The earliest forms of hereditary surnames
were the patronymic
surnames, which are derived from the father's given name, and metronymic surnames, which are derived from the mother's given name. Scottish patronymic names emerged as early as the mid-9th century. The patronyms were derived from a variety of given names that were of many different origins. The surname lammon is derived from the Gaelic name "MacErcharwhich" which comes from the Old Norman "Logmadr." Both words mean "the law man." The Clan's early history is linked with an ancient King of Dalriada, Comgall, who was killed in 537 AD. It is from this king that the district of Cowal received its name. The Kindred of Comgall ( Clan
Lamont) is mentioned in the 7th century records Senchus Fern Alban (an account of the men of Scotland) and the earliest territories of the Clan
included the island of Bute
Early Origins of the lammon family
The surname lammon was first found in Argyllshire
(Gaelic erra Ghaidheal), the region of western Scotland
corresponding roughly with the ancient Kingdom of Dál Riata, in the Strathclyde region of Scotland
, now part of the Council Area of Argyll and Bute
, where they were granted lands by King David. One of the first known records is of John Lamont, who, in 1296, rendered homage to King Edward I
during the latter's brief conquest of Scotland
. John Lamont is described as Chief of the Clan
Lamont, son of Lagman, who was son of Gilcom M'Ferchar. His brother, Molmure, also a knight, married Christina, daughter of Alexander in 1290. However, earlier records show a reference to a Ladhmunn who was son of David, the son of King Malcolm III of Scotland. The link between Ladhmunn and Ferchar, a Chief in Cowal about 1200, is not clear, even though this Ferchar had two sons, Duncan and Malcolm, both of whom granted lands to the monks at Paisley. By this time the Clan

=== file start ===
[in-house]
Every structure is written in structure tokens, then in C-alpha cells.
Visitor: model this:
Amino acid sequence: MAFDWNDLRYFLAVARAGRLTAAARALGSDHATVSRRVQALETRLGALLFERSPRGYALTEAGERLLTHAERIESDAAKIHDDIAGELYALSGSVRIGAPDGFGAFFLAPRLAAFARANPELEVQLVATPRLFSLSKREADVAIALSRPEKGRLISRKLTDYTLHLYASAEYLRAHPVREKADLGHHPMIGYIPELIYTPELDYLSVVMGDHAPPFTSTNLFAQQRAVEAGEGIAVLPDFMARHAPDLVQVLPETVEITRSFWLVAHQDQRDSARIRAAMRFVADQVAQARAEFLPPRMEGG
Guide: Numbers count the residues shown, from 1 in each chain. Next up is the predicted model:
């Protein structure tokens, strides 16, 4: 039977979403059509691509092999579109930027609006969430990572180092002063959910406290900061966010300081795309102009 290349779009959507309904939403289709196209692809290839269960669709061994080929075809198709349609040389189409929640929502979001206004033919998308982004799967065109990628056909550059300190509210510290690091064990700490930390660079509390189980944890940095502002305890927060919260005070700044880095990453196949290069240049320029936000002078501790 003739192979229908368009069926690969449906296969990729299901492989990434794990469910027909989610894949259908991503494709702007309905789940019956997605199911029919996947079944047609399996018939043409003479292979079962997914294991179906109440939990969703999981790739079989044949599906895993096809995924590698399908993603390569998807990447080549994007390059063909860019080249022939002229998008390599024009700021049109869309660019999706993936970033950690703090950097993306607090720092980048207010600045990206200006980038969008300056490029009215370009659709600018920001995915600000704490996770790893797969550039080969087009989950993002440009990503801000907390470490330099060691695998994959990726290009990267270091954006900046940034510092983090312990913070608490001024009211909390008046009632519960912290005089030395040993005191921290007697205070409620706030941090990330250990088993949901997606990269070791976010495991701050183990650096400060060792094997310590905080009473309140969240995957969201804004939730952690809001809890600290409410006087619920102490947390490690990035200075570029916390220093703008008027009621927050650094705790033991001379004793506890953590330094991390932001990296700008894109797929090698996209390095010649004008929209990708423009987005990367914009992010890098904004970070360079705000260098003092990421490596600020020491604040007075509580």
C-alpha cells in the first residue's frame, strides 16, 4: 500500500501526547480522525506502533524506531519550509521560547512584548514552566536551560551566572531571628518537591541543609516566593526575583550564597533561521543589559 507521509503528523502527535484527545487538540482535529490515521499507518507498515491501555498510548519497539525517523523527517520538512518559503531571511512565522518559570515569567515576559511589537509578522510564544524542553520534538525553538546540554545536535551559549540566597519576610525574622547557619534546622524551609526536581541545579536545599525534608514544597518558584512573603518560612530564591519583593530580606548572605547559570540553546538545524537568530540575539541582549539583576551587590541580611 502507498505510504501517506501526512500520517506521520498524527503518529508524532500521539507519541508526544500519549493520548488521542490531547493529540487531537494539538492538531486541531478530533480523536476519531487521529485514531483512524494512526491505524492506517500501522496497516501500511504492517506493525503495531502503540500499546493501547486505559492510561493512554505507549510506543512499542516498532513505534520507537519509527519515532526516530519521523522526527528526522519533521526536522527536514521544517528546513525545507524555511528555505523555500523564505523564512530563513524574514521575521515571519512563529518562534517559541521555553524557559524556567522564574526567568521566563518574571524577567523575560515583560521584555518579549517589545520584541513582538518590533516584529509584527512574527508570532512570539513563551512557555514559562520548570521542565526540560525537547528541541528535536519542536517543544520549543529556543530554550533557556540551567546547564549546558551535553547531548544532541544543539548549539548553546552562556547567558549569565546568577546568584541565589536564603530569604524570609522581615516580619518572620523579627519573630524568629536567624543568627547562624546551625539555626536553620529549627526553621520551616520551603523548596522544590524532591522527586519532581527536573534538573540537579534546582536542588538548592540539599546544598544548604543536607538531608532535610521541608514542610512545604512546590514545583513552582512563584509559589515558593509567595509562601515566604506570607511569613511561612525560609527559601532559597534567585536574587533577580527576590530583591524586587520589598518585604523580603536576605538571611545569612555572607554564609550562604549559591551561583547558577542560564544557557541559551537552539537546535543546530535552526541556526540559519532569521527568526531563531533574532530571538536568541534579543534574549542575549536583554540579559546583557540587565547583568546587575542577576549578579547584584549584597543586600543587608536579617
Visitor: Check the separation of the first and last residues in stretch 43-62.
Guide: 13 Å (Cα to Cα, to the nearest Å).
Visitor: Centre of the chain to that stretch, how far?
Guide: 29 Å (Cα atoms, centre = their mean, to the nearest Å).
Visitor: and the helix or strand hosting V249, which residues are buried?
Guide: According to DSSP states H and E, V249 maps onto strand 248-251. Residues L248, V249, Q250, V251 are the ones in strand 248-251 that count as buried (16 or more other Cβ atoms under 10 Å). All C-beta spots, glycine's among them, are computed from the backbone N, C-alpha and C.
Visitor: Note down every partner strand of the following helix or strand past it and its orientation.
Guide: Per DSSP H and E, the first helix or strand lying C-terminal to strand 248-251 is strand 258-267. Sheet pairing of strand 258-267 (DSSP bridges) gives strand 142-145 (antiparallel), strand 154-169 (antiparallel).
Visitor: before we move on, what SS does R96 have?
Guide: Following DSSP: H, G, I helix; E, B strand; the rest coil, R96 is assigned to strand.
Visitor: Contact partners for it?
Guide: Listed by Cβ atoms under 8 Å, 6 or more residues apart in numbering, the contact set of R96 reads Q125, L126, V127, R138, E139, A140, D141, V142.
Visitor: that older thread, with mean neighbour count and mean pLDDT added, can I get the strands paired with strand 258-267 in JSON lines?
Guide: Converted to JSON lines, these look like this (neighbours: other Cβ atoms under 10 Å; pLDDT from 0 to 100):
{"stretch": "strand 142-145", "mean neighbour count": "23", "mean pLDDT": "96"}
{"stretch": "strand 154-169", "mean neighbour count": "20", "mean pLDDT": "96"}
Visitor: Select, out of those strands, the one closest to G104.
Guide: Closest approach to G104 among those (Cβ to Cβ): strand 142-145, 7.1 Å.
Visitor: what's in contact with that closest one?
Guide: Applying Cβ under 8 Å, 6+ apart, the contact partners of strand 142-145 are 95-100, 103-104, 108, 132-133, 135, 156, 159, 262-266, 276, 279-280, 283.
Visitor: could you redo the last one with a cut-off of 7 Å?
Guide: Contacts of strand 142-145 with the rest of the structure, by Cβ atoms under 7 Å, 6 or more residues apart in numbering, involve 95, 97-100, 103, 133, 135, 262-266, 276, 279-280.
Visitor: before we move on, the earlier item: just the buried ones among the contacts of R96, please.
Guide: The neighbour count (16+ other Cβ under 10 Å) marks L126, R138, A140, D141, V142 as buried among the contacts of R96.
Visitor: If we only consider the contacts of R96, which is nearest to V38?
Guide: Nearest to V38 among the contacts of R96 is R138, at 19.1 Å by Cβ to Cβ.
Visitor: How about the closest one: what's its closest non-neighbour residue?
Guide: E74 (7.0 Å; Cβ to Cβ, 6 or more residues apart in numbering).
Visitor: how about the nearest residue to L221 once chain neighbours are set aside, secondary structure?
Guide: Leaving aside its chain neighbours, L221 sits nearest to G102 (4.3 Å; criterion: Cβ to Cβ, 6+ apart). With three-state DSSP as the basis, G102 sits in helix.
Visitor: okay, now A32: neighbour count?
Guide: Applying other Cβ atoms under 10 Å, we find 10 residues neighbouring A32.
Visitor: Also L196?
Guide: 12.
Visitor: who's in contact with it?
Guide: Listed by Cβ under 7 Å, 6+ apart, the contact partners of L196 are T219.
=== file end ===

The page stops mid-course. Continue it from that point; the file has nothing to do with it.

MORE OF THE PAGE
had developed branches at Perth, Argyll, the Clan
seat at Cowal, and was establishing its Castles at Toward and Ascog.
Early History of the lammon family
This web page shows only a small excerpt of our lammon research.Another 588 words (42 lines of text) covering the years 1456, 1539, and 1663 are included under the topic Early lammon History in all our PDF Extended History products and printed products wherever possible.
lammon Spelling Variations
The frequent translations of surnames from and into Gaelic, accounts for the multitude of spelling variations
found in Scottish surnames. Furthermore, the spelling of surnames was rarely consistent because medieval scribes and church officials recorded names as they sounded, rather than adhering to any specific spelling rules. The different versions of a surname, such as the inclusion of the patronymic
prefix "Mac", frequently indicated a religious or Clan
affiliation, or even a division of the family. Moreover, a large number of foreign names were brought into Scotland, accelerating accentuating the alterations to various surnames. The name lammon has also been spelled Lamont, Lamonte, Lamond, Lammon, Lamon, Lamount and many more.
Early Notables of the lammon family (pre 1700)
More information is included under the topic Early lammon Notables in all our PDF Extended History products
and printed products wherever possible.
Migration of the lammon family to Ireland
Some of the lammon family moved to Ireland
, but this topic is not covered in this excerpt.Another 74 words (5 lines of text) about their life in Ireland is included in all our PDF Extended History products and printed products wherever possible.
Migration of the lammon family to the New World and Oceana
Some of the first North American settlers with lammon name or one of its variants:
lammon Settlers in United States in the 18th Century
- John Lammon who settled in New York in 1710
The lammon Motto
The motto was originally a war cry or slogan. Mottoes first began to be shown with arms in the 14th and 15th centuries, but were not in general use until the 17th century. Thus the oldest coats of arms generally do not include a motto. Mottoes seldom form part of the grant of arms: Under most heraldic authorities, a motto is an optional component of the coat of arms, and can be added to or changed at will; many families have chosen not to display a motto.
Motto: Ne parcas nec spernas
Motto Translation: Neither spare nor dispose.